I think you are confusing creativity with simply reacting. To me, creativity always comes from knowledge and experience, just as the freedom to create brilliance often comes from having boundaries. SMs are successful in solving crises because we have proactively trained ourselves for any eventuality, whether it's a blown fuse or the sound system crashing or covering an actor's track due to sudden illness / injury, but in a real life situation, it takes inventiveness. We have to be able to roll with whatever happens and make it work. When my sound system went down during a show, I talked my crew through finding things to stand in for the life and death sounds, relaying info to the cast, relaying solutions to the board op and the TD, letting folks know which cues were or were not going to happen - that is creativity. It came from my experience and training which generated a creative solution. Similarly, my knowledge- and experience-based creativity in nontechnical skills has convinced actors to go on stage with people they hate or in situations that terrified them needlessly (like being in front of an audience), solved costume or set shift issues, trained understudies or gave notes to performers whose acting language didn't match the directors, etc etc etc. Our job requires both halves of the brain, both sides of the table, both creative and technical.

I think SMs are the most creative people on the planet. We know how to make things work on a dime, we see 100 uses for an object that no one else has considered, we stay calm in crisis and, like MacGyver, defuse the bomb with a paper clip. Just as the definition of luck is preparation meeting opportunity, creativity is knowledge and experience meeting challenges. And, if we are doing out jobs well, like Fred Astaire it looks easy, as if we aren't doing anything. So yes, I think we use our creativity all the time.
What you describe here sounds an awful lot like the skillset we'd expect a component secretary to possess (right down to "it only looks easy from the outside"), yet everyone seems to bristle and howl at the comparison. In the context of this discussion, I'm also not at all convinced that this type of creativity makes us "artists" on nearly the same level or to nearly the extent that directors, playwrights, actors, dancers, designers and the other core theatre artists are entitled to that label.

I also think you're making a mistake when you afford this creativity some special attachment to stage management. A designer who is unable to figure out how to find interesting and innovative uses for an object or work within a budget is, for most purposes, just plain incompetent, and never mind the fact that this sort of just-make-it-work skillset would be useful if not essential to any number of non-theatre professions. (The aforementioned secretaries, but also janitors, actuaries, tax accountants, bus drivers, garbage collectors, morticians, pathologists, dogcatchers, police officers... notice how none of these jobs are normally considered creative or artistic?)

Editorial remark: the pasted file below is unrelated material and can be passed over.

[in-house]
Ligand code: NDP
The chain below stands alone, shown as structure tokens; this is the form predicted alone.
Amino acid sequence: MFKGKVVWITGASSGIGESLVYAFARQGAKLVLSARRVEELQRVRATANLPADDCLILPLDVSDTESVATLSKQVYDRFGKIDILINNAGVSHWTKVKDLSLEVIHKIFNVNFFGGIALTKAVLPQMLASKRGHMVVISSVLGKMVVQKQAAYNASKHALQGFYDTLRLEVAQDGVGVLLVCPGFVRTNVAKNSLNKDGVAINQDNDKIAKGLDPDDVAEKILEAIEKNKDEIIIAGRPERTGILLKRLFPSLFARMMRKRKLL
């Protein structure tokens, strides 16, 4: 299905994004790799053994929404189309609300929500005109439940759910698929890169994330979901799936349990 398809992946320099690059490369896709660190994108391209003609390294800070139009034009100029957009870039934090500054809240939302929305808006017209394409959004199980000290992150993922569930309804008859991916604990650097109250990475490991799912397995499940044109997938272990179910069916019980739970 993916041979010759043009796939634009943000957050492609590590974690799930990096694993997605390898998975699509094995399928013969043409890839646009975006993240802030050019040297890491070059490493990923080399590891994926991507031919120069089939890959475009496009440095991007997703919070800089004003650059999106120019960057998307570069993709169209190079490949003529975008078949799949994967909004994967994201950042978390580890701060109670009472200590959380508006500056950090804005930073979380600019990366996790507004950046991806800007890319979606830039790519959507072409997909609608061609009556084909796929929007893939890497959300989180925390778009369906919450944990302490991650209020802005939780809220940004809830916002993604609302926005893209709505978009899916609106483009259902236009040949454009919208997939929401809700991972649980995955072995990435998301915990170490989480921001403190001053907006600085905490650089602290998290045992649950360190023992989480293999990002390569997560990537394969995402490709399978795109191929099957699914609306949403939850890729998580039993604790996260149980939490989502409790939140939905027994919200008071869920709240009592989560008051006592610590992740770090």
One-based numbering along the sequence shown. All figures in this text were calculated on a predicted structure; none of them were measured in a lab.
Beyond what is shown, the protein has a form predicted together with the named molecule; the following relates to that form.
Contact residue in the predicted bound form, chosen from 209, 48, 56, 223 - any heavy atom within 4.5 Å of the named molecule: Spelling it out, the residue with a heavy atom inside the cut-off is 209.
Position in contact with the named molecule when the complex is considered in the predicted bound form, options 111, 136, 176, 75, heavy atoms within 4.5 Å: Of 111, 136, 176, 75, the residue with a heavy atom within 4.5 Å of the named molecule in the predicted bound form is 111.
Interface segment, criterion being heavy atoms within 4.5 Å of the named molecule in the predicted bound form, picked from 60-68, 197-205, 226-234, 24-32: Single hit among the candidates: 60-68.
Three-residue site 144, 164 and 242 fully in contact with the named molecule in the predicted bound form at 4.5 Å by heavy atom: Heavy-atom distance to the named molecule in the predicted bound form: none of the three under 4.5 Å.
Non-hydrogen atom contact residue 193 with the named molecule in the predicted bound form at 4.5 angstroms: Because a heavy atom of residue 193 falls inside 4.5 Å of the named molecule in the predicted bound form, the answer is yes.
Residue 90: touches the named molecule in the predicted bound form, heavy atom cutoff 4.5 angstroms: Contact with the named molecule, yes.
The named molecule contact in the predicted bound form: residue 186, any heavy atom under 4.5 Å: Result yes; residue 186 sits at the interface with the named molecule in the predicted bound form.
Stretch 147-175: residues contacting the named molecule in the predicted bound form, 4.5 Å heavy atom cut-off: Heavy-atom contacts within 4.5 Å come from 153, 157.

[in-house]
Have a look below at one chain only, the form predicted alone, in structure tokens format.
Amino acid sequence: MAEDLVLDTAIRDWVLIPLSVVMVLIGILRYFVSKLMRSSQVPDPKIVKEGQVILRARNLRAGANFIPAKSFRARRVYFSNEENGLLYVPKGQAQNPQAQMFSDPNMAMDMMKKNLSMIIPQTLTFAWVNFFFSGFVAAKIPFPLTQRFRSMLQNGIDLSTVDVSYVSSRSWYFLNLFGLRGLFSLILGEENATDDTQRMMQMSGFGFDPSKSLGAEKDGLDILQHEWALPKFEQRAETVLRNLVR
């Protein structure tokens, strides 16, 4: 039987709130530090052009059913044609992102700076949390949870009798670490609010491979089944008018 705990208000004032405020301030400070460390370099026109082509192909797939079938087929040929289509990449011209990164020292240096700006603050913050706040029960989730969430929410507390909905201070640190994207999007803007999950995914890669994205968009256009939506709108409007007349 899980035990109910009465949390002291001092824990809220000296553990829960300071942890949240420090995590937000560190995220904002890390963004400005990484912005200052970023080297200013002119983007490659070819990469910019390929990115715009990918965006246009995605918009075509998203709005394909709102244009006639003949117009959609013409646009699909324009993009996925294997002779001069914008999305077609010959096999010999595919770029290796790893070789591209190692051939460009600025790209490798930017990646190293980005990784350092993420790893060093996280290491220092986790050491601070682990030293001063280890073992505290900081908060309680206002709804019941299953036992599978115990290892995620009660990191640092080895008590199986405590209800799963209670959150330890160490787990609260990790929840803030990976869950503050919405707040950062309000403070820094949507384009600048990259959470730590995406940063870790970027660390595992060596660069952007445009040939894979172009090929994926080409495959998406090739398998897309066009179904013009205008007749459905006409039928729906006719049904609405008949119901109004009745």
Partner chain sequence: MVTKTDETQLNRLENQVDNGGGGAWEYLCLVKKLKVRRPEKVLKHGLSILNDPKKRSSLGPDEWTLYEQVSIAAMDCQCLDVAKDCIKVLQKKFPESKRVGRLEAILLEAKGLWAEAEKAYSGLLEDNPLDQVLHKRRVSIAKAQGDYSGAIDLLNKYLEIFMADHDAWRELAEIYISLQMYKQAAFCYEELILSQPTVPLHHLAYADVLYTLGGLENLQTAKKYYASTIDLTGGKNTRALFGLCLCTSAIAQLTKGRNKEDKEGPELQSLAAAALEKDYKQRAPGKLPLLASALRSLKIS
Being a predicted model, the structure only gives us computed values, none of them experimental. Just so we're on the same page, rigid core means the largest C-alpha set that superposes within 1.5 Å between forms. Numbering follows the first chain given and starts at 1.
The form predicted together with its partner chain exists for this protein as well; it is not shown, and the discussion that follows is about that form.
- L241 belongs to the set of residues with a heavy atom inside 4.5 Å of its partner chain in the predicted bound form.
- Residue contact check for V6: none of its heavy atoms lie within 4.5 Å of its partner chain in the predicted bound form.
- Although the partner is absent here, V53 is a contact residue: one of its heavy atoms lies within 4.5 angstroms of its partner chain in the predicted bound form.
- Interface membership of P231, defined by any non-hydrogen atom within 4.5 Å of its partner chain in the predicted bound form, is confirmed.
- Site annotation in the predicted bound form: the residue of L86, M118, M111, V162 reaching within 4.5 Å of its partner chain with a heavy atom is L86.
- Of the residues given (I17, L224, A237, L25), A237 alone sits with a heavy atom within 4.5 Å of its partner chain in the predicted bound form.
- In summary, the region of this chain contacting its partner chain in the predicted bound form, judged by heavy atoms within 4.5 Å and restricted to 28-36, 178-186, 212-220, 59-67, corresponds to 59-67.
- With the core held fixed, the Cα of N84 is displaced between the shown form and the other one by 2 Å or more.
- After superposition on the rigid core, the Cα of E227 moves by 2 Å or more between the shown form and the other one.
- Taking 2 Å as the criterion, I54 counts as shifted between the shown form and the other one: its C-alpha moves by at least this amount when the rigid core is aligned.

« Last Edit: May 25, 2011, 02:42 pm by On_Headset »

MatthewShiner

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Re: Who are we, anyway...?
« Reply #19 on: May 25, 2011, 05:24 pm »
I think we get really attached to the concept of being an "artist" - when in reality there is an art to almost any profession.

I have always considered my self a grand facilitator, a manager of artists, a conductor of sorts.

I feel like to stand on a soap box and demand to be labeled an artist is not, for me, worth the effort.  I don't care how other people view me or my work. 

At the end of the day, I know what I am.

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Anything posted here as in my own personal opinion, and does not necessarily reflect the opinion of my employer - whomever they be at a given moment in time.

loebtmc

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Re: Who are we, anyway...?
« Reply #20 on: May 25, 2011, 06:49 pm »
This is where we disagree -

Quote
I put it to you that any time a stage manager invokes sheer creativity to solve mid-show problems, they're covering up for incompetence.

the rest of it - I am not saying we have the corner on the market, just that we are also creative being (being a great facilitator is being creative too...as is being a conductor in music, for example) and that our job includes both creative and technical aspects - and you'd be surprised how many folks in all jobs don't have what you say most common secretaries have. When those of us with that ability find work that allows us to express all those pieces of us, whether in theater or in the "real world", we are extremely lucky, and the people who hire us are lucky to have us.